A foreigner that is physically present in the United States (and any of its territories), or in an entry port to the country may be able to apply and receive political asylum if the Attorney General determines that this particular foreigner meets the requirements to become a “refugee” as defined by the law.
A refugee is a person who is not in his country of origin and who for political reasons, or for a well-founded fear of persecution due to his or her race, convictions, associations or affiliations, is unable to return to his or her country.
In order to achieve success in a political asylum case, the foreigner has to be able to prove:
- That he or she has a well-founded fear of persecution or has been persecuted in the past.
- That the persecution was based on his or her particular race, religion, associations or political affiliation.
The foreigner must be able to demonstrate with specific facts that persecution occurred in the past, and/or have a well-founded reason to fear future persecution. Other factors that may be considered as demonstrations of persecution are: murder, torture, arrests, forced servitude and accumulated mistreatment. Also, persecution could be based on economic factors, but this type of persecution has to be extremely severe and be accompanied by other forms such as the ones mentioned above.
In order to prove that there is a well-founded fear of persecution, the foreigner must demonstrate:
- That his or her own beliefs or particular opinions have been persecuted by someone (organization, political party, government) who will punish them because of them.
- That the persecutor was and is aware of the foreigners particular beliefs and opinions.
- That the persecutor is capable of punishing him or her.
- That the persecutor's tendency will be to punish him or her.
Also, the government of the foreigner's country has to either inflict the persecution or be unable to offer protection against the actual persecutor. Similarly, a well-founded fear of persecution includes subjective and objective elements, and the persecution has to be based on at least one of the points mentioned above.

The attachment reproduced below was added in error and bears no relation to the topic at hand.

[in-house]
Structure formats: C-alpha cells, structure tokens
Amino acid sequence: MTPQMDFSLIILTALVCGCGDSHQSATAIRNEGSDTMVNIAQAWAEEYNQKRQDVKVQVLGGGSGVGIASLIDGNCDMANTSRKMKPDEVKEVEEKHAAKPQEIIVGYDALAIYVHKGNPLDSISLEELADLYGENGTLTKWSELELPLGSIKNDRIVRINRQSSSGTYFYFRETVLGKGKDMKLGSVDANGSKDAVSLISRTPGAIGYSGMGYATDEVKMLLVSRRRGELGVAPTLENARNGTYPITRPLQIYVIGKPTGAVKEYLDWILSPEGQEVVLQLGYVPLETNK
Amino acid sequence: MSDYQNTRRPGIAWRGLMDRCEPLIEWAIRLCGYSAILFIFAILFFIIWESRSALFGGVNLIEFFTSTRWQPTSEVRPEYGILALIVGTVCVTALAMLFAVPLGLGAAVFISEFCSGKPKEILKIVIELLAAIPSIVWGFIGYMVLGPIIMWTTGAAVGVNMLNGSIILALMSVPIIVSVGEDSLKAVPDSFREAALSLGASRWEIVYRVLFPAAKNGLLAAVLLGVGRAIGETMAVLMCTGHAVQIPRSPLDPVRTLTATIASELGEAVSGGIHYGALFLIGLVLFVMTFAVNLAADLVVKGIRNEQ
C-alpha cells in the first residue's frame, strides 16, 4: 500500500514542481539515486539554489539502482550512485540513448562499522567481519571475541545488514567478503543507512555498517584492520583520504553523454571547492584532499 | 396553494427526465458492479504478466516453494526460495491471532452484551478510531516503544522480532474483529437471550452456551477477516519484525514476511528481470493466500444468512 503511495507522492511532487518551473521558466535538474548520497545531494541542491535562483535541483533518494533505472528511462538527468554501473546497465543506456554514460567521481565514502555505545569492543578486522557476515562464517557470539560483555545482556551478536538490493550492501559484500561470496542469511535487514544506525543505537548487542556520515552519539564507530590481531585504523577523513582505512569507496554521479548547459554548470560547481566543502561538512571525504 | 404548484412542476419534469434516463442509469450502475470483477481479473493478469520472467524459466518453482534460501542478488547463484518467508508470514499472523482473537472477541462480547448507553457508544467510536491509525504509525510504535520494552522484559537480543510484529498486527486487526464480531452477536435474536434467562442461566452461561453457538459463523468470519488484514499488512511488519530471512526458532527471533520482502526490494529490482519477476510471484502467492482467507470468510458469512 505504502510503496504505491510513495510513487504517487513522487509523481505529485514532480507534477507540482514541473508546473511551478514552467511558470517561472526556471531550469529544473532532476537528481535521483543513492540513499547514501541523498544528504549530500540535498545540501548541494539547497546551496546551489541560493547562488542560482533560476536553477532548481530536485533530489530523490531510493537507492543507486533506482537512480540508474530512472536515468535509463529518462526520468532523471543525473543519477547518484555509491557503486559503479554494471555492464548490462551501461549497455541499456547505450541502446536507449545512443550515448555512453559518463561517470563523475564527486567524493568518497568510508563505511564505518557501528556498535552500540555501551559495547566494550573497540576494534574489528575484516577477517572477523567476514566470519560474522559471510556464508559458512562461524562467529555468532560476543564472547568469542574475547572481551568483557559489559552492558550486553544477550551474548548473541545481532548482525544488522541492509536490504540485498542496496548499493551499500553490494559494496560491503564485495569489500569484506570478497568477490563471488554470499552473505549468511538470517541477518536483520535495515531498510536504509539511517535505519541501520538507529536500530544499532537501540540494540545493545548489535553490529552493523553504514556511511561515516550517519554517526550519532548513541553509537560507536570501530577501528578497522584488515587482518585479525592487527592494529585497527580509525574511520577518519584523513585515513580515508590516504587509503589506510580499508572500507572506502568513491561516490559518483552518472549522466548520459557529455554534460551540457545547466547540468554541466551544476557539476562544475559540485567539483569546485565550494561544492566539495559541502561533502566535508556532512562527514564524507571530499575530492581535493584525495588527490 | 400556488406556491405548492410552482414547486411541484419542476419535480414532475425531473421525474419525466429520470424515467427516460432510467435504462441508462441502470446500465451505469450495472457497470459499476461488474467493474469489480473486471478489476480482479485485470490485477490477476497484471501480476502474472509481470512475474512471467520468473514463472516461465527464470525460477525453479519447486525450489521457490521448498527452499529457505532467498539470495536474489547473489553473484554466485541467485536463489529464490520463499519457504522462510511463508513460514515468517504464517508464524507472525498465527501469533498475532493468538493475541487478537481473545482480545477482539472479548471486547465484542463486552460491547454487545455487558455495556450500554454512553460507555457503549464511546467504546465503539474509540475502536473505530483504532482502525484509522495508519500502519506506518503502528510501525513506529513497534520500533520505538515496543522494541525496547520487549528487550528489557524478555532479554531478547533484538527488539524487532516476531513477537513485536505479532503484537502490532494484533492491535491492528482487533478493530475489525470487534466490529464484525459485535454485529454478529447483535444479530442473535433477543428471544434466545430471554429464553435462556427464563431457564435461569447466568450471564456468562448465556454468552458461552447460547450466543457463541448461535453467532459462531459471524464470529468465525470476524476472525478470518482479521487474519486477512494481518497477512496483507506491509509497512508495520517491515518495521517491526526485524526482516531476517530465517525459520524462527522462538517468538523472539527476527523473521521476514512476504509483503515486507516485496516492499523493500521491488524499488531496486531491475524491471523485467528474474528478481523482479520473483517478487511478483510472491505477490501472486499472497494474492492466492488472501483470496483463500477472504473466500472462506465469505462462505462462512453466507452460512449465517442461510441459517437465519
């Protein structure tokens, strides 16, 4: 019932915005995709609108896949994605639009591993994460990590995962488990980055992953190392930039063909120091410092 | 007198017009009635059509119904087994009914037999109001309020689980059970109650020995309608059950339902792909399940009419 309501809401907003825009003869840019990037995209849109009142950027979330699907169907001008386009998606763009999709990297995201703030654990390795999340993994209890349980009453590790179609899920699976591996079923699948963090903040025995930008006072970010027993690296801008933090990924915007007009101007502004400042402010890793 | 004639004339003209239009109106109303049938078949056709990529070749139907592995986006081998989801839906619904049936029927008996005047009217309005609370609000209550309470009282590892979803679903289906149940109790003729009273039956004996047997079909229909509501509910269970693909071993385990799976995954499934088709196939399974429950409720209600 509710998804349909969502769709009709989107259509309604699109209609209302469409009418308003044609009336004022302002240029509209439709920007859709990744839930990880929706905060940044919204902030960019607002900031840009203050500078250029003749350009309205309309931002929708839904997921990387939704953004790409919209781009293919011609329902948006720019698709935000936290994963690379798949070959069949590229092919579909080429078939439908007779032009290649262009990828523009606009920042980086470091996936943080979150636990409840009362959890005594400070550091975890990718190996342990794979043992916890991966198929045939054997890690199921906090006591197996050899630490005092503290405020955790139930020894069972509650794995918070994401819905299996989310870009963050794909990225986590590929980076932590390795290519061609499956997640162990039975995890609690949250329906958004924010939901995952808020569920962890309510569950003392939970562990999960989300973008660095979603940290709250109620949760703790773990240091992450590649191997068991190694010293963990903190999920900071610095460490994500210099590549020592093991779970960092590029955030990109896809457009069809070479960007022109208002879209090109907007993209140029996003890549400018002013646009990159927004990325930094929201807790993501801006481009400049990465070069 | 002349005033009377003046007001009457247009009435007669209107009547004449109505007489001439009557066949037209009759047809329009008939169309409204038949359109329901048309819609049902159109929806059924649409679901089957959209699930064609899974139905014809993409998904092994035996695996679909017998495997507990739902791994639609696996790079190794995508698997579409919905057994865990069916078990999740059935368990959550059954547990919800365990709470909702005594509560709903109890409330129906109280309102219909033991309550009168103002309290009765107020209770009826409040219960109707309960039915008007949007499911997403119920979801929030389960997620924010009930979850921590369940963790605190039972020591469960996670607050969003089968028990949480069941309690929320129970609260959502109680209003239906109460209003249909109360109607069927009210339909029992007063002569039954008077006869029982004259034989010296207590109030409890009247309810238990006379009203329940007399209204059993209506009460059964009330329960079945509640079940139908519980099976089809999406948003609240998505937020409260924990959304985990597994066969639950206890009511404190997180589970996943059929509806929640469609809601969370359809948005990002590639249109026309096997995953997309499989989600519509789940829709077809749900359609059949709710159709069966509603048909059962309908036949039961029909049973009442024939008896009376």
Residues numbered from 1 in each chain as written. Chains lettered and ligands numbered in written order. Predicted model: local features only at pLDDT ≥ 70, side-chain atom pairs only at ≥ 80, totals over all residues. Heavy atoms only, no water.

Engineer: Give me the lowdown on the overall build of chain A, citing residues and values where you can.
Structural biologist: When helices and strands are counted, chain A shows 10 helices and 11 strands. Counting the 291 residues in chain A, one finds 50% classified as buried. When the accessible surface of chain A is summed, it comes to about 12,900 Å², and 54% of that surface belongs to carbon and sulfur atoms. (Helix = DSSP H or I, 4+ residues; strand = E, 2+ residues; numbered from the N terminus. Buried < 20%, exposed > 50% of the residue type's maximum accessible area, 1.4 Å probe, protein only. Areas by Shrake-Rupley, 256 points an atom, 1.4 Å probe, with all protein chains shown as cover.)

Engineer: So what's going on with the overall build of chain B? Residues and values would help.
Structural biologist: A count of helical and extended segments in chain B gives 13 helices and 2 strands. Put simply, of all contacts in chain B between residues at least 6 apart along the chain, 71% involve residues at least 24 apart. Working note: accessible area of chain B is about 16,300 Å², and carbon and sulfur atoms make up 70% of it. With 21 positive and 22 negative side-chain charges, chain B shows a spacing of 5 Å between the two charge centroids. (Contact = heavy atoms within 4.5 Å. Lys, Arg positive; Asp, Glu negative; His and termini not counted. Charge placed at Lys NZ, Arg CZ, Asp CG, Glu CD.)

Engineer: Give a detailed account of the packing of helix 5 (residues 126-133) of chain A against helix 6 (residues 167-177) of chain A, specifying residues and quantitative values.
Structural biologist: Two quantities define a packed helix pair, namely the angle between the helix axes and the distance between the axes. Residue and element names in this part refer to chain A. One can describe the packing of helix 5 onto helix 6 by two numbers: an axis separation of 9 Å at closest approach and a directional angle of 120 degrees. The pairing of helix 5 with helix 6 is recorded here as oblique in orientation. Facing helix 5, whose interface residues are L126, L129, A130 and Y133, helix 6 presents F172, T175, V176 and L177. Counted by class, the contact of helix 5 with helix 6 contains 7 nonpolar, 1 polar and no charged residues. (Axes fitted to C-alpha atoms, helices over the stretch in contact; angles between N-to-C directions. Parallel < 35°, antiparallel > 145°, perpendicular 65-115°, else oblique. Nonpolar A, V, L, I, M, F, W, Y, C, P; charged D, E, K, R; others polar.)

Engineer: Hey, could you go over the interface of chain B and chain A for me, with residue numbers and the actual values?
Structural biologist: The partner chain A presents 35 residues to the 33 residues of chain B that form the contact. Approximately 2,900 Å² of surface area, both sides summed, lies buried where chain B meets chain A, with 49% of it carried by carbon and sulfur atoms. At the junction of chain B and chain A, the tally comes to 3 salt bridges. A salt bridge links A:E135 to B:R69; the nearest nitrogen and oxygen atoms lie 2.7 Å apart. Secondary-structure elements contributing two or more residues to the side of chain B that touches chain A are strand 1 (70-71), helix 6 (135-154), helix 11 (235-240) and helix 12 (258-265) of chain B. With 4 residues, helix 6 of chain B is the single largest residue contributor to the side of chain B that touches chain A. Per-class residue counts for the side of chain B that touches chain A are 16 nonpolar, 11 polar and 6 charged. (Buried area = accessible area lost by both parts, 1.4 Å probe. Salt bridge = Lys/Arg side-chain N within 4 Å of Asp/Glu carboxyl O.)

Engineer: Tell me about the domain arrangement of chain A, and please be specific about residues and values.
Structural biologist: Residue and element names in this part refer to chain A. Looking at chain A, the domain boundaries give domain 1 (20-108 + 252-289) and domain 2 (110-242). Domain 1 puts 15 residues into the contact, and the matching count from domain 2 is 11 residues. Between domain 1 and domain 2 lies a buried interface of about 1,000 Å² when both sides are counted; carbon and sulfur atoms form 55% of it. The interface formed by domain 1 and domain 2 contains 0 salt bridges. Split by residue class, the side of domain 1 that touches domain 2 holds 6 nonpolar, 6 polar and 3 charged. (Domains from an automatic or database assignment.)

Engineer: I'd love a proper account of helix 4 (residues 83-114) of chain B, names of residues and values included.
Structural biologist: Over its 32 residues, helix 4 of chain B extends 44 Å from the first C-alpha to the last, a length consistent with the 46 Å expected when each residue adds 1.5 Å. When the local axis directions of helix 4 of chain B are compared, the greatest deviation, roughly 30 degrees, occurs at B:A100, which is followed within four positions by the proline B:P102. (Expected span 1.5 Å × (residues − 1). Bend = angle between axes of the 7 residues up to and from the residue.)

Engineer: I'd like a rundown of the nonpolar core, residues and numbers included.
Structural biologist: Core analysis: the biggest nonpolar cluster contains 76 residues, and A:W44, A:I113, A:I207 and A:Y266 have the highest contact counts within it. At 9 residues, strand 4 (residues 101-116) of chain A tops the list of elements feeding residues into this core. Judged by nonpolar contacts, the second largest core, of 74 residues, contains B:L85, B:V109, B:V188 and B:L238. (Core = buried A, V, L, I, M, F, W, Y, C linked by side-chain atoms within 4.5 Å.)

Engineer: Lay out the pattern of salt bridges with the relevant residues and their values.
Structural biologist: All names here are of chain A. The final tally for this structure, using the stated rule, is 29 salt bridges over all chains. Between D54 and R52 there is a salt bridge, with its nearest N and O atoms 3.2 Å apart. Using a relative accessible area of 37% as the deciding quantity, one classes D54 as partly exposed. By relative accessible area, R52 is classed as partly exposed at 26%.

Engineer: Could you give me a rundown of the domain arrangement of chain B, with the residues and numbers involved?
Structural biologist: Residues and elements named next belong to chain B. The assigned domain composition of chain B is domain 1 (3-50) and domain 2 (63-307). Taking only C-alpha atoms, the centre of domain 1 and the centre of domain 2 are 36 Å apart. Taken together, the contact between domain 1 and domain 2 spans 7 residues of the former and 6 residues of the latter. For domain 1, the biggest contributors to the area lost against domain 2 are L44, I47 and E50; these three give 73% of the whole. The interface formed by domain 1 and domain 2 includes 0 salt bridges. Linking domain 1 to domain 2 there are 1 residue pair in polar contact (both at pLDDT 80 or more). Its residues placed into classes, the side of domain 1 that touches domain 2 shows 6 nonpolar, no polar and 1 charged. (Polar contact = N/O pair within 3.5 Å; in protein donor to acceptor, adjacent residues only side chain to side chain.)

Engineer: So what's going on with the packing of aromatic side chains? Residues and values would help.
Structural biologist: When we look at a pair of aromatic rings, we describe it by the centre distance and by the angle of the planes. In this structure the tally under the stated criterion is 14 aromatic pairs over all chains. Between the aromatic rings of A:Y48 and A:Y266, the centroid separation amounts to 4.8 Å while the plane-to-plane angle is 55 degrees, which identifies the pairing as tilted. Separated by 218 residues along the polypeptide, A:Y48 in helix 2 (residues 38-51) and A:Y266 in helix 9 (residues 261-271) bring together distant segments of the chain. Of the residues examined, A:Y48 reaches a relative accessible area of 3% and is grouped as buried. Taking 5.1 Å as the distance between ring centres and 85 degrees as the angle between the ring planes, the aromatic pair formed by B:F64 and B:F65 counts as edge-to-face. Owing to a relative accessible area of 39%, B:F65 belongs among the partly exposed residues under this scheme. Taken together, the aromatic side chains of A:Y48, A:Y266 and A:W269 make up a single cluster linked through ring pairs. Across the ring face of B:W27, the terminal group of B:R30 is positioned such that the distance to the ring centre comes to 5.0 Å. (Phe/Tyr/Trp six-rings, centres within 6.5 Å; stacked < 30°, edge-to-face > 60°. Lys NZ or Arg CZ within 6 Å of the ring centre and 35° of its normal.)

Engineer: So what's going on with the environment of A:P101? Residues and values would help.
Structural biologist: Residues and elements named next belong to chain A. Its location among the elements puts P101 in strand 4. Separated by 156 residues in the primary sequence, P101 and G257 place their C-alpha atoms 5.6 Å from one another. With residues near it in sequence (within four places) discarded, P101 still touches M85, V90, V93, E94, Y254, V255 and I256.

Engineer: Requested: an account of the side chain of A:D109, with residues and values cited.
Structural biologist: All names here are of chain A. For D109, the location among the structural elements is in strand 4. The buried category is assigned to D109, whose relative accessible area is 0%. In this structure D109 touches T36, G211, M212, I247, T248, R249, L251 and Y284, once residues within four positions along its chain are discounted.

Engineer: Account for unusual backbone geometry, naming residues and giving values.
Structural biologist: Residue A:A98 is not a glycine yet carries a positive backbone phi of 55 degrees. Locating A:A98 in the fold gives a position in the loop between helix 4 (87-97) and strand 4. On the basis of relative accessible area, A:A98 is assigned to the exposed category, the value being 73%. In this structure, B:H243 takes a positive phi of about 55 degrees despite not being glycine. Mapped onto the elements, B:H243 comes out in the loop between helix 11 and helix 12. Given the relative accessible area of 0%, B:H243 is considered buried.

Even if the foreigner is able to establish that his or her fear is well founded, the asylum may be still be denied for other reasons such as a statutory limit or a discretionary measure.
There are two ways to apply for political asylum. The first one is known as an affirmative application. Through this method, the foreigner files his or her application with the USCIS Service Center directly, before receiving a deportation order. The applicant will be interviewed after the application is reviewed, and he/she has the right to have a qualified immigration lawyer with him/her.
In addition to the affirmative application, the foreigner can also apply after a deportation order has been already issued. The applicant will be given a court date and an immigration judge will determine if the application was filed in good faith.
If the immigration judge accepts the application, the applicant can file an adjustment of status a year later. If the application is denied, the foreigner can appeal the decision with the USCIS Appeals Board.
A person that is trying to file for political asylum must do it within a year of his or her arrival to the United States. Normally, a person that had previously filed a petition and been denied, or a person that has been accused of a felony cannot apply for political asylum.
The United States Government allows the applicant to hire a qualified immigration lawyer to represent him/her in court. The applicant will be responsible to pay the attorney's fees.